Not having enough Chinook salmon to eat stresses out southern resident killer whales in the Pacific Northwest more than having boatloads of whale watchers nearby, according to hormone levels of whales summering in the Salish Sea.
In lean times, however, the stress level normally associated with boats becomes more pronounced, further underscoring the importance of having enough prey, according to Katherine Ayres, an environmental and pet-behavior consultant who led the research while a University of Washington doctoral student in biology. Ayres is lead author of a paper appearing online June 6, in the journal PLoS ONE.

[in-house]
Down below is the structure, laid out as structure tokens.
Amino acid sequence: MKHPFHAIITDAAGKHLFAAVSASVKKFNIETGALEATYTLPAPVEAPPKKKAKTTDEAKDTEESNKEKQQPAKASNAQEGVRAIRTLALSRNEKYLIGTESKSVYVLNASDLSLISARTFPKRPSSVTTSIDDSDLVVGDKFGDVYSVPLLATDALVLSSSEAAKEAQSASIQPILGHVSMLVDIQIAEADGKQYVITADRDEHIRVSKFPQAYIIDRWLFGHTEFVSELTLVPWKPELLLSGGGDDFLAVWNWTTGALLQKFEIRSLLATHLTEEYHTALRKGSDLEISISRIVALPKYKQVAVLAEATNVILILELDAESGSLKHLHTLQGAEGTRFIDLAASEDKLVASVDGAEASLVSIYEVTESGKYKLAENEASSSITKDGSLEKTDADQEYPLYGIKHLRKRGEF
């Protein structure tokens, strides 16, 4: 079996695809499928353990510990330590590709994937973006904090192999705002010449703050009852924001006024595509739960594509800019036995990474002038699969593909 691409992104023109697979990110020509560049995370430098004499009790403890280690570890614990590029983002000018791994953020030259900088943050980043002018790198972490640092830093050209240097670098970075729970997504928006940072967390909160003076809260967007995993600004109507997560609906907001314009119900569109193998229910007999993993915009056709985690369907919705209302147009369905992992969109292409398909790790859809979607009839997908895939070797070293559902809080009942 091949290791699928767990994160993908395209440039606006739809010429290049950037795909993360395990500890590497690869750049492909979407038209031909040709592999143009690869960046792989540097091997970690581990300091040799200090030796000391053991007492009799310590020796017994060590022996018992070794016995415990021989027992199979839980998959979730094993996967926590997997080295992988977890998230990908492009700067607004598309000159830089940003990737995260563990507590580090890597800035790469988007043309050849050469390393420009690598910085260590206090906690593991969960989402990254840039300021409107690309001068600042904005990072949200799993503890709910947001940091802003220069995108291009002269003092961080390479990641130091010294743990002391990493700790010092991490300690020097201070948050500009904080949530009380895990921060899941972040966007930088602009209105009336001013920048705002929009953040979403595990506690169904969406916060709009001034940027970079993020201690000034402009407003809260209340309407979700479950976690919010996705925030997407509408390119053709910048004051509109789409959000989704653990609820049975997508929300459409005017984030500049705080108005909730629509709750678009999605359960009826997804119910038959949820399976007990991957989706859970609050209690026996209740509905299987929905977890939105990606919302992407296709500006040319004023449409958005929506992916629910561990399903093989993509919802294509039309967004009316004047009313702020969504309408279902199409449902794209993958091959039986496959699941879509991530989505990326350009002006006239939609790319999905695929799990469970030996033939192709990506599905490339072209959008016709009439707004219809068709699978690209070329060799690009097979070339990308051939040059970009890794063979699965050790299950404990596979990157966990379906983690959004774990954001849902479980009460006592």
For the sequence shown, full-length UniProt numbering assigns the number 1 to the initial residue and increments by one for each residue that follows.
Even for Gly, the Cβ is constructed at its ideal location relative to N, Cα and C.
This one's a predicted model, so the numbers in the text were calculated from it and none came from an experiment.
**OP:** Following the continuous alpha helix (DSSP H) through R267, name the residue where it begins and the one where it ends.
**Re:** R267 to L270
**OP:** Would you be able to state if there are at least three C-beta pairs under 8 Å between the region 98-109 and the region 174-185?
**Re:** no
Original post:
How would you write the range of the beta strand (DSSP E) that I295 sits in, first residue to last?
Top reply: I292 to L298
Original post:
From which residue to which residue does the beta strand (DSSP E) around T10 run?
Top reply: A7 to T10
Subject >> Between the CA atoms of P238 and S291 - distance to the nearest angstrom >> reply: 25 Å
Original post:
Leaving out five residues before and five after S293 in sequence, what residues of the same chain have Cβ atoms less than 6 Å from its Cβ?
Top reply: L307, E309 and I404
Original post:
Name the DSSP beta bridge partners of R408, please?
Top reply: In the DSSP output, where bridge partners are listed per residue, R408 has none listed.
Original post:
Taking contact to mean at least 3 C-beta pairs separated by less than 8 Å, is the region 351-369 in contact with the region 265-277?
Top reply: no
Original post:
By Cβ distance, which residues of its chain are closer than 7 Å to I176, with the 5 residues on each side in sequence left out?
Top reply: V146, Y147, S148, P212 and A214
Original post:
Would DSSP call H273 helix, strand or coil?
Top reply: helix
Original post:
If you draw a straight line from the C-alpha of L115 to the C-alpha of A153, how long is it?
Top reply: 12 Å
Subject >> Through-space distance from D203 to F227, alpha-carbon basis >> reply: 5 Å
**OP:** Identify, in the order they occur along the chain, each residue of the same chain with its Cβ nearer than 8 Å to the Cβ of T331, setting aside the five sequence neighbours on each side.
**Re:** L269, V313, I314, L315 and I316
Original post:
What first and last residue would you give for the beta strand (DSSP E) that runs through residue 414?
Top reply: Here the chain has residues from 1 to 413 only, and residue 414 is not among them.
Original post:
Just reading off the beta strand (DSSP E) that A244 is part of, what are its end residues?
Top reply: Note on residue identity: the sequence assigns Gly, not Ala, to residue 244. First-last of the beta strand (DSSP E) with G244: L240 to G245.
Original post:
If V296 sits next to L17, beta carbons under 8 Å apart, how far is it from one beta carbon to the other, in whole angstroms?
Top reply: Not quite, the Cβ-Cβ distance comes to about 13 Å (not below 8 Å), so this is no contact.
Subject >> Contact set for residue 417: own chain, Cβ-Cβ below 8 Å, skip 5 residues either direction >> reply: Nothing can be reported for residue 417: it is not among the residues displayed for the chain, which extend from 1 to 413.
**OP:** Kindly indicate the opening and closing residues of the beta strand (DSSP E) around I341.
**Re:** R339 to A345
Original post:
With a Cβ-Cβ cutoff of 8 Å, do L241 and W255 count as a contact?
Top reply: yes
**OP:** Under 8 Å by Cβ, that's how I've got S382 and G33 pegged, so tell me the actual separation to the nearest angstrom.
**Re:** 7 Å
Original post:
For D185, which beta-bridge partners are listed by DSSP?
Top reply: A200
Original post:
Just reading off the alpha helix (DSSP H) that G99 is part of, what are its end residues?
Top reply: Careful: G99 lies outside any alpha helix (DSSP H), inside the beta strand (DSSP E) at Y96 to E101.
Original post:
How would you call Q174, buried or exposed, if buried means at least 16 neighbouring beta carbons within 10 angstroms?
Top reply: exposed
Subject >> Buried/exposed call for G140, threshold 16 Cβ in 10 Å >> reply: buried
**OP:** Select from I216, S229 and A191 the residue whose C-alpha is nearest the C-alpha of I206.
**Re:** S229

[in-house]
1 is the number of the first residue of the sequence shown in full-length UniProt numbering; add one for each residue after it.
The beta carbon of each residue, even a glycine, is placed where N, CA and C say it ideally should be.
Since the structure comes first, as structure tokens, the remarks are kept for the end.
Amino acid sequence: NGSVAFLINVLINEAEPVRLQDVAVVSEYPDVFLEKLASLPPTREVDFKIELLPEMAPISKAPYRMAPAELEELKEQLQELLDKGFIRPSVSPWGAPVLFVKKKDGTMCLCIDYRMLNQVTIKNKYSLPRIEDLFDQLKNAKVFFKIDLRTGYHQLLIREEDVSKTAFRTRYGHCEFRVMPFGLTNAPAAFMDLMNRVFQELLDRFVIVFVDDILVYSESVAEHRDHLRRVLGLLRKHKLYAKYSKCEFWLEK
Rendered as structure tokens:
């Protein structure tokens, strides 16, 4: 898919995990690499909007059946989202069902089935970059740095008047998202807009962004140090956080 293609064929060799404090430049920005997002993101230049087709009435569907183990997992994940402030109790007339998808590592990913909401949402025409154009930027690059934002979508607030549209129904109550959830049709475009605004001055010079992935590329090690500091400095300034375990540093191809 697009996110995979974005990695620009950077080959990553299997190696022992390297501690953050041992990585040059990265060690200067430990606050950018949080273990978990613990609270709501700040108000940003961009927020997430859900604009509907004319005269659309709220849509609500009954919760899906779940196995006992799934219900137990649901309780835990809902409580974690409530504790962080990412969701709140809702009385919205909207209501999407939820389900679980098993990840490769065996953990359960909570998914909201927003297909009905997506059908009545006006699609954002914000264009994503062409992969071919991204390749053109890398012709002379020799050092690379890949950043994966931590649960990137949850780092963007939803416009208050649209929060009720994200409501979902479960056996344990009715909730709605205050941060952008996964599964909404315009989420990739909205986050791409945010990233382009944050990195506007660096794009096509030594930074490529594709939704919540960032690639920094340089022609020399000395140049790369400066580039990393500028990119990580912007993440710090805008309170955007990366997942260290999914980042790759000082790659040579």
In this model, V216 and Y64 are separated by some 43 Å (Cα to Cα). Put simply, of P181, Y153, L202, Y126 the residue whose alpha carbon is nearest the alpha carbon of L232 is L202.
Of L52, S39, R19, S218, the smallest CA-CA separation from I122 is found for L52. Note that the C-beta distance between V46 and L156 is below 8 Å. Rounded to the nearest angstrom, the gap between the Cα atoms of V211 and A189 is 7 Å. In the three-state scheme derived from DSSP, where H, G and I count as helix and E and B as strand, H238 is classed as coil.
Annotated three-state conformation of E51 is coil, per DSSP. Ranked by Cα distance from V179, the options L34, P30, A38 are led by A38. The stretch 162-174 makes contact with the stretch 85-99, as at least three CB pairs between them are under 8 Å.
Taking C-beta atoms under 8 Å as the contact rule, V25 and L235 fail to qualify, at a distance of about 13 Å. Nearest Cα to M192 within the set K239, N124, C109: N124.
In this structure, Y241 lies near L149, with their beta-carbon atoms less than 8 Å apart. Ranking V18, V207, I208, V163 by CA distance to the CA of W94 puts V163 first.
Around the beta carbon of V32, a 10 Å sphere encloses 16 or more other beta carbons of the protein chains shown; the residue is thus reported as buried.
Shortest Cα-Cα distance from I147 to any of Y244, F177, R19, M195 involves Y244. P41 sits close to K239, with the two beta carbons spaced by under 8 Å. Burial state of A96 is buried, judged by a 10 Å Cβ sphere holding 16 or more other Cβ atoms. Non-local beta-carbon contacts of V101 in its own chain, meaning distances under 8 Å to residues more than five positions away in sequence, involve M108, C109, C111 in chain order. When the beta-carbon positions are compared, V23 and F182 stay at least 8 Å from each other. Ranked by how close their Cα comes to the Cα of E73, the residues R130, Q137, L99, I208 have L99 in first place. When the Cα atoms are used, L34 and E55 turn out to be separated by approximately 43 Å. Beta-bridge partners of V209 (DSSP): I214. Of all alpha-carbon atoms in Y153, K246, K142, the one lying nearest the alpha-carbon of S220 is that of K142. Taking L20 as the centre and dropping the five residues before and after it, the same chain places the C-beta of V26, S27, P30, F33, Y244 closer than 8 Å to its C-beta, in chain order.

In a surprise finding, hormone levels show that southern resident killer whales are best fed when they come into the Salish Sea in the late spring, Ayres said. The Salish Sea includes Puget Sound and the straits of Georgia, Haro and Juan de Fuca. Once there they get a necessary boost later in the summer while eating Chinook salmon at the height of the Fraser River run. (more…)